Forum Chair, Hon. Henry Puna's speech, 2012 Forum Leaders' Lecture

2012 Annual Pacific Islands Forum Leaders Lecture
with a focus on the Pacific Plan

Pacific Islands Forum Secretariat, Suva, Fiji
18 October 2012

Speech by the Pacific Islands Forum Chair, Prime Minister of the Cook Islands, Hon. Henry Puna

“A New Optimism – A More Dynamic Pacific Plan”


The Annual Leaders’ Lecture Series is a growing tradition in our Region and I am both pleased and honoured to be here this evening to fulfil this role as Chair of the Pacific Islands Forum, and to contribute in some small way to showcasing the Pacific Plan and the importance of our efforts to strengthen its place in our future.

Pacific Regionalism speaks to the heart of our duty as Leaders for it is incumbent upon us to foster the ties and linkages between our nations and to fashion these relations into productive frameworks of cooperation. The focus on the Pacific Plan as the centre piece of this public address is important to the work we have accomplished and the results we want to achieve, in future years.

This evening I’d like to build on the journey that fellow Leaders have already begun to map and share my perspectives on how the Pacific Plan must continue to be inclusive, command ownership, and project A New Optimism – A More Dynamic Pacific Plan.

Roots of optimism

Many Pacific Leaders my contemporaries and those before me have provided considerable input and insight to the way the Pacific Plan may be developed and strengthened over future years.

To those Leaders I pay tribute for their commitment to our Region and its diverse cultures and peoples.

The leaders of Vanuatu, Samoa, and New Zealand, for example, have previously referred to the roots of Pacific Regionalism – described the challenges associated with the ebb and flow of external pressures upon our self-determination efforts and responsibilities, and posed relevant questions for debate about how the Pacific Plan may be better attuned with the wishes and aspirations of Pacific peoples.

This year, I’d like to take up a point made by the Prime Minister of New Zealand last year when he discussed the inaugural gathering of seven nations in Wellington more than 40 years ago.

The Right Honourable John Key talked about the presence of a strong spirit of cooperation among the Founding Leaders, which was evident in their communiqué at that time.

It was an exciting time....a time of promise.

When a sense of common purpose was taking hold with the anticipation of great developments to come.

And perhaps a newly-emerging air of optimism among this group of nations willing to take on the challenges before them.

This positive feeling generated among a small group of Pacific nations was a keenness to embrace a new ‘Way’ – a new concept of consulting and working closely together to achieve common benefits.

A new sense of optimism was clearly on the table even in the face of economic challenges and political sensitivities, such as trade blocs, decolonisation, and nuclear testing in the Pacific.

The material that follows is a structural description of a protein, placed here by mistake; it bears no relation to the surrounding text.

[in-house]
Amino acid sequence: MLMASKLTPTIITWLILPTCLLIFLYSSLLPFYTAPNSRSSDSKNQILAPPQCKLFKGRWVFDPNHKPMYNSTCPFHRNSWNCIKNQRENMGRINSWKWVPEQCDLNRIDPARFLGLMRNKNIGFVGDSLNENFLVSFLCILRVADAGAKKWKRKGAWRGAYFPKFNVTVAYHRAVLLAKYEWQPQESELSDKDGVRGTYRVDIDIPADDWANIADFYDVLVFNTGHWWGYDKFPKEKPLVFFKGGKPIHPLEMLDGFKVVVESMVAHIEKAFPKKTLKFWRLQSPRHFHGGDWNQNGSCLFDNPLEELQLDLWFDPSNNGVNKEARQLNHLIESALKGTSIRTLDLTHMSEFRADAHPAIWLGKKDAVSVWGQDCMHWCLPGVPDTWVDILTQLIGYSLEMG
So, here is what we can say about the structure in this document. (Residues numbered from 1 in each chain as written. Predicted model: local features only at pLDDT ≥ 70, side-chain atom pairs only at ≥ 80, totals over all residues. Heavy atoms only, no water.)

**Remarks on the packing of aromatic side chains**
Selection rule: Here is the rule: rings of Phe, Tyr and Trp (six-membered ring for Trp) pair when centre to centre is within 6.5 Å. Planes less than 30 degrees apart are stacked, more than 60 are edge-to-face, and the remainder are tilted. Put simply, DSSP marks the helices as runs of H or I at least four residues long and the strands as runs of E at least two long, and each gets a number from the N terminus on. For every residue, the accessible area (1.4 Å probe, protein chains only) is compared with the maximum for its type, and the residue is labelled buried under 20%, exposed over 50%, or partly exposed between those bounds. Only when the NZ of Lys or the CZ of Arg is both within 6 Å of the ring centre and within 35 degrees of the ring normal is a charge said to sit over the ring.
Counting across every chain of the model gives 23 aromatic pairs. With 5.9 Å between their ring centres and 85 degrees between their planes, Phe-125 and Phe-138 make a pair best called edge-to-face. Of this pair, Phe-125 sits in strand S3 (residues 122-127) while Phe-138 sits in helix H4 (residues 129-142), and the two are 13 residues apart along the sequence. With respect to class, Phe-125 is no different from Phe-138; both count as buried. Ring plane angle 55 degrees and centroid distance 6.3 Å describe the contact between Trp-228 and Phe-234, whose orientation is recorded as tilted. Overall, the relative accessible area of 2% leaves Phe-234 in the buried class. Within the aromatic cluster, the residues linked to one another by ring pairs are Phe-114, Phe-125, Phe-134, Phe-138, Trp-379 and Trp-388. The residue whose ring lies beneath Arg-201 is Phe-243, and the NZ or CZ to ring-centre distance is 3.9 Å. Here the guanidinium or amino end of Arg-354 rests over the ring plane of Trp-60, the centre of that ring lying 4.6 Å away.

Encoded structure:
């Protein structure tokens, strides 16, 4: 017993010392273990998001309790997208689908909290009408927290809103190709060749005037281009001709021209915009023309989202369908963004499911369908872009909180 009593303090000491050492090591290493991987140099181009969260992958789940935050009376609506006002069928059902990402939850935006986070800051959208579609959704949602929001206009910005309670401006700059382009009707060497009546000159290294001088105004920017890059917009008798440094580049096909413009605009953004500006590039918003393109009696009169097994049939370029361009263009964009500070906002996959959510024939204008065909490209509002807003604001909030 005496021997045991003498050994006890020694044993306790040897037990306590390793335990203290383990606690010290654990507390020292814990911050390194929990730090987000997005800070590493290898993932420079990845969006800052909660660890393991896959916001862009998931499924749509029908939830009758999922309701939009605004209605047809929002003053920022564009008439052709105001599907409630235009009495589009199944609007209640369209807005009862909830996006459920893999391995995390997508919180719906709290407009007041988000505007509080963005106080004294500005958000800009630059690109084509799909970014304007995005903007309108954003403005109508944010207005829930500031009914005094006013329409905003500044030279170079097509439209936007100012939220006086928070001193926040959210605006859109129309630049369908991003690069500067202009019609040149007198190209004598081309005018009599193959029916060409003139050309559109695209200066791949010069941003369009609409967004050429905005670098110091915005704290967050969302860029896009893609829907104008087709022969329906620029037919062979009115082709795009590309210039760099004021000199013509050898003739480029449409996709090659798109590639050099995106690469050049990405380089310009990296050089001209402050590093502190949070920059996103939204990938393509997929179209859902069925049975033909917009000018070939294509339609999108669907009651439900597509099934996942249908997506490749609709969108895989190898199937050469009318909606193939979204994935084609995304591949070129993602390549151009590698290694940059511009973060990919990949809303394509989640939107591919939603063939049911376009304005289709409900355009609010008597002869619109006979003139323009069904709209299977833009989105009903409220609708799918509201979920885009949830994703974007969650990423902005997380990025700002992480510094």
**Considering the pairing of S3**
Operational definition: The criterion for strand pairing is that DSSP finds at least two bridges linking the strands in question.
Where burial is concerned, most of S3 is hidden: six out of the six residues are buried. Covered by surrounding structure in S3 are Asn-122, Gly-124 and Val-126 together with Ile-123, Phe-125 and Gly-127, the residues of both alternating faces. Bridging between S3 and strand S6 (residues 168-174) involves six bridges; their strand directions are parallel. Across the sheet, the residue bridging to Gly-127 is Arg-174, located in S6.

Over the course of more than 40 years, the central question, which would no doubt provoke a range of responses, revolves around whether the Pacific brand of Regionalism has any value.

Certainly, questions of value and effectiveness have their roots in the minds of our Founding Fathers when they met in Wellington in 1971.

I believe our Leaders demonstrated considerable foresight engaging as equal partners, understanding common problems and shortcomings, and placing the interests of Pacific peoples in the forefront of establishing a new organisational identity.

It’s understandable that, in time, those early challenges would become subject to considerable pressures – pressures brought about not just by the overwhelming nature of global trends but the confluence of national interests with regional sensitivities of cooperation in new fields.

While we want to pursue our national level interests at all times, regional cooperation does introduce scope for compromise and ongoing re-visitation.

Former United States President and global philanthropist, Bill Clinton, recently articulated that many of today’s biggest challenges are the “modern manifestations of our oldest demons”. That challenge to break the mould of old mindsets is inspiring, and also appealing, to so many people across different walks of life, including here, in the Pacific.

In our region, I believe we have already begun to witness the signs of an era of new optimism – an era based on the realisation of gains and an improved understanding of the way we need to do ‘business’ – not just to survive but to prosper: to “lead free and worthwhile lives”.

Building Success

Although I make mention of the beginnings of a new time ahead, it would be remiss of me to omit the progress and successes of our Pacific Regionalism in past years. These success stories – and there have been many – are both uplifting and motivational.

The Regional Assistance Mission to the Solomon Islands, RAMSI, is among those ‘stand-outs’ of Forum commitments and achievements in cooperation; Governance strengthening; security; human rights; conflict management and prevention, are key parts of our engagement within, and beyond our region.